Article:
10 Negotiation tactics explained
- Beware ranges –
- The Columbo
- Time outs –
- First 5 min/last 5 min
- A Summary or false summary –
- Words –
- Don’t build expectation –
- Placing the stake –
- Oxo cube to tea chest –
- Conditional giving
Beware ranges –
Ranges are interpreted by each party in the negotiation; according to their desires!
If I say to my wife “I will return home between 7pm and 8:30pm” – because my wife wants to see me soon – she hears 7pm – because I don’t want to make her worry, but know that she would like me to come home soon I say 7pm but I probably know it will be nearer to 8:30pm when I return.
In business I might say “The return when you sell this product is between 10 and 25% “The retailer hears 25% as that would be FANTASTIC – the reality I know will be nearer to 10%
Each party hears what they want – you can use this to your advantage or it could be a dangerous error
The most dangerous stage of a negotiation is at the point when the deal appears to be complete, this is the point when the pleasure centers in our brain can be stimulated – “we’ve done it, it was hard work but we have done it!” This completion stimulates release of endorphins and dopamine, the naturally occurring opiate receptor sites in the brain and we feel exhilarated. At his point we are vulnerable, we feel happy and receptive to suggestions – this is the time for World Class Negotiators to try ‘The Columbo’ named after the US TV detective [Link] who would get to the end of the show and seem as if he had completely missed the clue the audience has seen – only – at the last minute to declare – “you are the murderer” and solve the case…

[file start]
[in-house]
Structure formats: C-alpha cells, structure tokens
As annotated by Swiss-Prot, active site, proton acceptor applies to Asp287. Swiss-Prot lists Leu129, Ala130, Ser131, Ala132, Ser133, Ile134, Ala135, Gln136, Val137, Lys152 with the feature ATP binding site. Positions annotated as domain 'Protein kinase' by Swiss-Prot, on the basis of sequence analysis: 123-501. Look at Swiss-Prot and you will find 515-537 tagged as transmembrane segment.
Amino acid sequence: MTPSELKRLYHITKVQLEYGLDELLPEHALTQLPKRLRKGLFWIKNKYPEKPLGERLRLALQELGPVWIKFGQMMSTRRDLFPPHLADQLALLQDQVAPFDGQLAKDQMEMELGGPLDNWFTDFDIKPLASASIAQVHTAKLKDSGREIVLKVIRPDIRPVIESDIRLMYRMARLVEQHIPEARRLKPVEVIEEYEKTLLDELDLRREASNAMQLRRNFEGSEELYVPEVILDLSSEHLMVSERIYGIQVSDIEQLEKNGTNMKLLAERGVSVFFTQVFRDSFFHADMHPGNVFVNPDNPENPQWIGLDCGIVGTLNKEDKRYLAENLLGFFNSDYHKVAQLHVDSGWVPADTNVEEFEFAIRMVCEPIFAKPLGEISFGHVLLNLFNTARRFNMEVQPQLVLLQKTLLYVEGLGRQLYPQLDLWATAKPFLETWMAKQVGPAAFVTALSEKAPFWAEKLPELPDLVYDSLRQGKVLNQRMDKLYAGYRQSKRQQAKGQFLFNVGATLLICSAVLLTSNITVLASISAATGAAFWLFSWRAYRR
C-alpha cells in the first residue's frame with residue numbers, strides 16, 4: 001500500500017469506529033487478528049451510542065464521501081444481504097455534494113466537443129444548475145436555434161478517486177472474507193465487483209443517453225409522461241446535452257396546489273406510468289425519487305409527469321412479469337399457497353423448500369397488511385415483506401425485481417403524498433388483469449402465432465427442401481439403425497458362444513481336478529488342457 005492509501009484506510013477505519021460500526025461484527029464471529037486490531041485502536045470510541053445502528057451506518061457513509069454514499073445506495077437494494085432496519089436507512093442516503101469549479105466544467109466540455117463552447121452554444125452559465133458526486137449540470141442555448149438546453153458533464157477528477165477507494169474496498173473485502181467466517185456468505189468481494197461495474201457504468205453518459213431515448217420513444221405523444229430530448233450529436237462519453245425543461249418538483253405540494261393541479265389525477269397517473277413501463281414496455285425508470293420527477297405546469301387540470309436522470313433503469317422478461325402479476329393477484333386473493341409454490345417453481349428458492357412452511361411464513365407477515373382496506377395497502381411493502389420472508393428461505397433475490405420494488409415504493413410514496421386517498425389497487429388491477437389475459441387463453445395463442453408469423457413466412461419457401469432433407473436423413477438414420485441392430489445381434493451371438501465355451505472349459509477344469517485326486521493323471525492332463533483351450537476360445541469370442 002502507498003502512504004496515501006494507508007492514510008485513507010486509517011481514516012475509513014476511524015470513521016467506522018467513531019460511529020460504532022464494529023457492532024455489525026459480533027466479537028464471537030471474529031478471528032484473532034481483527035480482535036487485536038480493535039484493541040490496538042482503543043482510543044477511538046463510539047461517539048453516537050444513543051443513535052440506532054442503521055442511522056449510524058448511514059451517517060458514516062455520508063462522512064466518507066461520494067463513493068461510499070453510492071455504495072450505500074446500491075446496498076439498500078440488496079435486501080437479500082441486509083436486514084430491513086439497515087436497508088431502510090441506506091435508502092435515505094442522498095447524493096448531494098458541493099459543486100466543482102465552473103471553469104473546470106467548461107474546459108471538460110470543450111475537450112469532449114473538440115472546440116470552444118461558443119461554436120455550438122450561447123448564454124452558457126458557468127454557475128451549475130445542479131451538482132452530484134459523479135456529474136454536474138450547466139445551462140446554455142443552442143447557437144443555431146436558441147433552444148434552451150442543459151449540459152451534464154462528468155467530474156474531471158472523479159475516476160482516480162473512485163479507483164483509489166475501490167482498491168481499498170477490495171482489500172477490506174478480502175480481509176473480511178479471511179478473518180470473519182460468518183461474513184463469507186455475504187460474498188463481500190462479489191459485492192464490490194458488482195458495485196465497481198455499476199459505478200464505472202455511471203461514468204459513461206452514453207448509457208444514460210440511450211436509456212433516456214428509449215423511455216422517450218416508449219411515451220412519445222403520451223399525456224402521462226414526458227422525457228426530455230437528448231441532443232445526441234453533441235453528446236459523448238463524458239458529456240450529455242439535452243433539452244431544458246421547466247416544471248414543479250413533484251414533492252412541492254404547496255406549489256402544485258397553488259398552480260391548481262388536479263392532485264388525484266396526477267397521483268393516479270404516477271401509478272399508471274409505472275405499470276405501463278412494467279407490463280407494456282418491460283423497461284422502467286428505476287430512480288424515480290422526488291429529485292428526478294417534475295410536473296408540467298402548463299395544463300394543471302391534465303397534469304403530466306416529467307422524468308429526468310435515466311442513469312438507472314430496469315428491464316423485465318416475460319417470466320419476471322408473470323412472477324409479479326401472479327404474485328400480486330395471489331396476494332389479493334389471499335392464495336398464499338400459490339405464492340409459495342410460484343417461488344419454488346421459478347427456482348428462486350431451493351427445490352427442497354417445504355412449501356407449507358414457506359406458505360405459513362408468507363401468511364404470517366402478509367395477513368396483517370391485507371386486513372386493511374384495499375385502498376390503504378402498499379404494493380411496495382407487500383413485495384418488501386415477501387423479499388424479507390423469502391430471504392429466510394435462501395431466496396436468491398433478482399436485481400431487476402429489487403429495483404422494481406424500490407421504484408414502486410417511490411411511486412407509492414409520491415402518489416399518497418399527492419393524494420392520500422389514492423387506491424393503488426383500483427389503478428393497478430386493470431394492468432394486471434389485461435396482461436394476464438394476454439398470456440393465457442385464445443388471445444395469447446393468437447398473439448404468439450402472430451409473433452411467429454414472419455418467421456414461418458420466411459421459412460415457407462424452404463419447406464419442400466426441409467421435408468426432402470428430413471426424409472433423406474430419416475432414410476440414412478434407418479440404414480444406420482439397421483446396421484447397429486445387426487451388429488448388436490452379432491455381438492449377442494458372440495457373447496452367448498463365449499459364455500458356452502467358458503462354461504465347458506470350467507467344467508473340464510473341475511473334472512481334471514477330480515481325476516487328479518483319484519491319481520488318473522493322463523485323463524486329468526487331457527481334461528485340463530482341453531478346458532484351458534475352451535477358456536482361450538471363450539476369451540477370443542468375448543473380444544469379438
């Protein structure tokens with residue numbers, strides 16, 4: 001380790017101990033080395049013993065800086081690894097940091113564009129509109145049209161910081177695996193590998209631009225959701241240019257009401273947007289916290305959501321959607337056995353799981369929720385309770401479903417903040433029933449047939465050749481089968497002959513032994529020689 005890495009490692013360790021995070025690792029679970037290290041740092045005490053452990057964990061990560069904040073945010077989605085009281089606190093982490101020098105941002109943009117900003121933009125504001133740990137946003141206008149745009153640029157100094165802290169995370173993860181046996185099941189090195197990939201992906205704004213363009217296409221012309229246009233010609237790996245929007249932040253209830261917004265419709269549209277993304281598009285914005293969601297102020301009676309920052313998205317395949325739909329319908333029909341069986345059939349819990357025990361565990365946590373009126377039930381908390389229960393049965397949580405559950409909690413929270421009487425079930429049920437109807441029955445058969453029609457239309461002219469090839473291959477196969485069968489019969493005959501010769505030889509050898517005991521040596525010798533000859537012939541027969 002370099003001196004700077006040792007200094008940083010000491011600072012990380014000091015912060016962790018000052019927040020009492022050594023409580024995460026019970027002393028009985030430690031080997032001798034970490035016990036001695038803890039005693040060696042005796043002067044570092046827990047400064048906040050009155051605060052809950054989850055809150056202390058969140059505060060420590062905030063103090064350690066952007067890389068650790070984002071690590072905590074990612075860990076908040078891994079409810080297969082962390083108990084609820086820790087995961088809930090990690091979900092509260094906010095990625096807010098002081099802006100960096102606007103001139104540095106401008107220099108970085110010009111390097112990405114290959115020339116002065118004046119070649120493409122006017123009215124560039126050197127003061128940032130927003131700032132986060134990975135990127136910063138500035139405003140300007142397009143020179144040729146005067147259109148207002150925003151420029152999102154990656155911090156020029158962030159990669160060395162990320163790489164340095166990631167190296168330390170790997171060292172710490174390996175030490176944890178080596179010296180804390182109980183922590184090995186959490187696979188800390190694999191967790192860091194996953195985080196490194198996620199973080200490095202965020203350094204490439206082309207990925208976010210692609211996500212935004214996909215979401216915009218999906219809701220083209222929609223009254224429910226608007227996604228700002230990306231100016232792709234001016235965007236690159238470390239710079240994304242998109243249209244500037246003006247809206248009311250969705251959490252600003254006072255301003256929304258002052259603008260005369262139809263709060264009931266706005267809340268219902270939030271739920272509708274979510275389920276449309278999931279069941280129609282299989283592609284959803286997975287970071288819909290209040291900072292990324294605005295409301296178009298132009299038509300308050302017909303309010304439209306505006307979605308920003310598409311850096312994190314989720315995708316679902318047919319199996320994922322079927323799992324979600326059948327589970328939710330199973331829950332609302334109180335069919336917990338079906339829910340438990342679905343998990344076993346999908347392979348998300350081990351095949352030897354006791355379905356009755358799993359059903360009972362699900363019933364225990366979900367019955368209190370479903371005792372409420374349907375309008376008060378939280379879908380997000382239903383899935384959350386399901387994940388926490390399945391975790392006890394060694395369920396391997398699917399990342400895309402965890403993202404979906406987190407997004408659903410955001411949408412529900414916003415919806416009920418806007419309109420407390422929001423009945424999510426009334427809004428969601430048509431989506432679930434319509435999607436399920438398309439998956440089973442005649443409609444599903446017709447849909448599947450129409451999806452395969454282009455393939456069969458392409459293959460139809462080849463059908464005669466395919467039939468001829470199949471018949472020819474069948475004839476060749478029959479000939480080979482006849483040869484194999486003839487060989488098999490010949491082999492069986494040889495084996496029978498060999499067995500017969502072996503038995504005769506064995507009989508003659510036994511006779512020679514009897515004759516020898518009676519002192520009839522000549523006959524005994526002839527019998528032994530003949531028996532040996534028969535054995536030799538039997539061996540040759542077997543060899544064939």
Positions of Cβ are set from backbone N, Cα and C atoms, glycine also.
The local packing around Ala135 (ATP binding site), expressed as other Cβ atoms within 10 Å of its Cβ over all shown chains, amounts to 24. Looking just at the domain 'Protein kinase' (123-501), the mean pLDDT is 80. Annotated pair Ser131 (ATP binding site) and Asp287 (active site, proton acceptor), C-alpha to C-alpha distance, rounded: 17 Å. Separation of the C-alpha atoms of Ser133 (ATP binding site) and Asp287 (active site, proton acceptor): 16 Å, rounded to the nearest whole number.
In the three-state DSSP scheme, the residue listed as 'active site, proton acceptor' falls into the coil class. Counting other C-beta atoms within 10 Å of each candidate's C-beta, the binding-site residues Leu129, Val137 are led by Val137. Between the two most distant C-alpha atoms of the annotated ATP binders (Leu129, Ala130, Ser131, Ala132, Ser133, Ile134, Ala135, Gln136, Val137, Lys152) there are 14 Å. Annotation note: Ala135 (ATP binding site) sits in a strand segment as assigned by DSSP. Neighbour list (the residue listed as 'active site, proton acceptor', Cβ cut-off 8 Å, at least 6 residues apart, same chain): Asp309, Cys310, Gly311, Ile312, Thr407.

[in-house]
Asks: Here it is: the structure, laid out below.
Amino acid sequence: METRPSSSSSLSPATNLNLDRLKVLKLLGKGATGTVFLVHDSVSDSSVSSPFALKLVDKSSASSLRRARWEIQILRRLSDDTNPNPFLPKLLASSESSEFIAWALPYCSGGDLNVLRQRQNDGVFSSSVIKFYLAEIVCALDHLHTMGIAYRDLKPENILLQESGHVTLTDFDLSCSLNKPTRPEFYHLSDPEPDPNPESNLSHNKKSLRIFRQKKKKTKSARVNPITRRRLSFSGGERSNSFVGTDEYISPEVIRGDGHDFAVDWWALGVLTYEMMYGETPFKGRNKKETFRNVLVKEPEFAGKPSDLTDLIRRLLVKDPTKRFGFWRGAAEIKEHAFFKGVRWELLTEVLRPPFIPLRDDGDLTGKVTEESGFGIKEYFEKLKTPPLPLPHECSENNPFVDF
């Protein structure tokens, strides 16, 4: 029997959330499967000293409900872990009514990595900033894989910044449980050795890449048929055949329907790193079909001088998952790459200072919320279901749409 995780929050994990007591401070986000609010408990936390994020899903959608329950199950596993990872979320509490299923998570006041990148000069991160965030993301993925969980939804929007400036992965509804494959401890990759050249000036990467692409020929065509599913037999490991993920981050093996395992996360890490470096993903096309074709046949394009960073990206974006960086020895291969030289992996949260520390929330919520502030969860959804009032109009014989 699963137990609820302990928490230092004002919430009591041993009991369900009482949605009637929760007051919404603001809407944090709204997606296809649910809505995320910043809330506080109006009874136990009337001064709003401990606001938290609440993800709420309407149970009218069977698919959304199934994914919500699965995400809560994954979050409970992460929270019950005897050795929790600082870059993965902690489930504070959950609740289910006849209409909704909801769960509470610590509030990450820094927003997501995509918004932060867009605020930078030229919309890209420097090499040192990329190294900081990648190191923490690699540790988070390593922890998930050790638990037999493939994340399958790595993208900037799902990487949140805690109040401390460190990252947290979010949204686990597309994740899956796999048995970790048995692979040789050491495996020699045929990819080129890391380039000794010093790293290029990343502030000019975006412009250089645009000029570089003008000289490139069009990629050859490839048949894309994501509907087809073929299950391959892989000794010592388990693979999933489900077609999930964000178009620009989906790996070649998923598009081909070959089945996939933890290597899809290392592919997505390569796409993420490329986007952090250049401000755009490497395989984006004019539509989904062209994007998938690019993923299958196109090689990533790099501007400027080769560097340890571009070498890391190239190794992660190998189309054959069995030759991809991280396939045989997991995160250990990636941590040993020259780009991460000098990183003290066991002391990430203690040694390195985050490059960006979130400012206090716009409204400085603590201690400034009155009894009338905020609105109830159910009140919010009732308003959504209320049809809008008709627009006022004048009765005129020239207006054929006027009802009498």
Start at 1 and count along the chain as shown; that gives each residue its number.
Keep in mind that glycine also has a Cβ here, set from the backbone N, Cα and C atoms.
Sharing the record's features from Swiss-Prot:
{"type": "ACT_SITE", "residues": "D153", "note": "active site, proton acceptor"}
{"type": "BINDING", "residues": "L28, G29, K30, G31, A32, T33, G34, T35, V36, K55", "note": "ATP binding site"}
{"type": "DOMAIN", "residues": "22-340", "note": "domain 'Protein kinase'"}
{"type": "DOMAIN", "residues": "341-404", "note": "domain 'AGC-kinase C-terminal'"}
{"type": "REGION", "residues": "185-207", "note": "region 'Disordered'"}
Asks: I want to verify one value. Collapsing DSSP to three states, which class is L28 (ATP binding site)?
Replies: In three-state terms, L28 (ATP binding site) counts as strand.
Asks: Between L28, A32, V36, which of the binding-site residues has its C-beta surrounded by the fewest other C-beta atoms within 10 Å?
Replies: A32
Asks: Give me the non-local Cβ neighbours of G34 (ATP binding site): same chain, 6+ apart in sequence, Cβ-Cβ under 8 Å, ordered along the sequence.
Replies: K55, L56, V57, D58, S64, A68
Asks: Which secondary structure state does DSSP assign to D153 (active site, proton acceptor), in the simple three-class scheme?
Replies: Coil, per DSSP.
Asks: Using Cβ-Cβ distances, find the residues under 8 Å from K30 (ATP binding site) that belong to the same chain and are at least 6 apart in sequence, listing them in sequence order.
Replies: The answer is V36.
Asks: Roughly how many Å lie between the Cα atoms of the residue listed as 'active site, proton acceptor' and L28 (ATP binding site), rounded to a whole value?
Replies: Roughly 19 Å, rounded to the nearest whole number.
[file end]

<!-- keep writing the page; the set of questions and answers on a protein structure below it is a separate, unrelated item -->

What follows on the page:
I have a friend who said to me “I never buy a suit without getting a shirt free of charge!” – I went to watch the process – he got measured for a nice suit, and then agreed to buy the suit, the salesman looked delighted, it was an expensive suit, the salesman would have a nice commission payment on the sale… as he processed the sale and wrapped the suit very carefully, my friend sensed the right moment to say… “of course I wouldn’t buy a suit like this without getting a shirt FREE…” the salesman paused mid-action – he looked at my friend – my friend stared right back – the salesman buckled and said “what size collar?” and proceeded to point out the shirts my friend could select from….
It is the euphoria at the completion and the fear of the potential loss of the sale which makes both parties vulnerable. In a business negotiation it might be the request for sponsorship, or entertainment or a free sample – but do not get suckered, what might you ask for in return – the ONLY defense is to be prepared.
When something comes up which I was not expecting, the first thing I need to ask is “What happened to my intel?” the next thought is can I deal with this or should I ask for a quick time out to ensure I understand the value of the request or the suggestion. This is a totally professional action to take and one often overlooked by negotiators. I have also used this when I have made a proposal which has taken the other party by surprise. It gives them a little time to think or raises the pressure on them to reciprocate. It doesn’t need to be long – it could be a simple washroom/comfort break, or it could be a complete suspension and a rescheduling of another meeting. [don’t forget that you can take all items offered off the table. You don’t have to simply pick up where you left off although often this is done.
First 5 min/last 5 min
We have prepared for weeks… we have thought it all through… we know what we can spend… so “LET’s DO THIS…”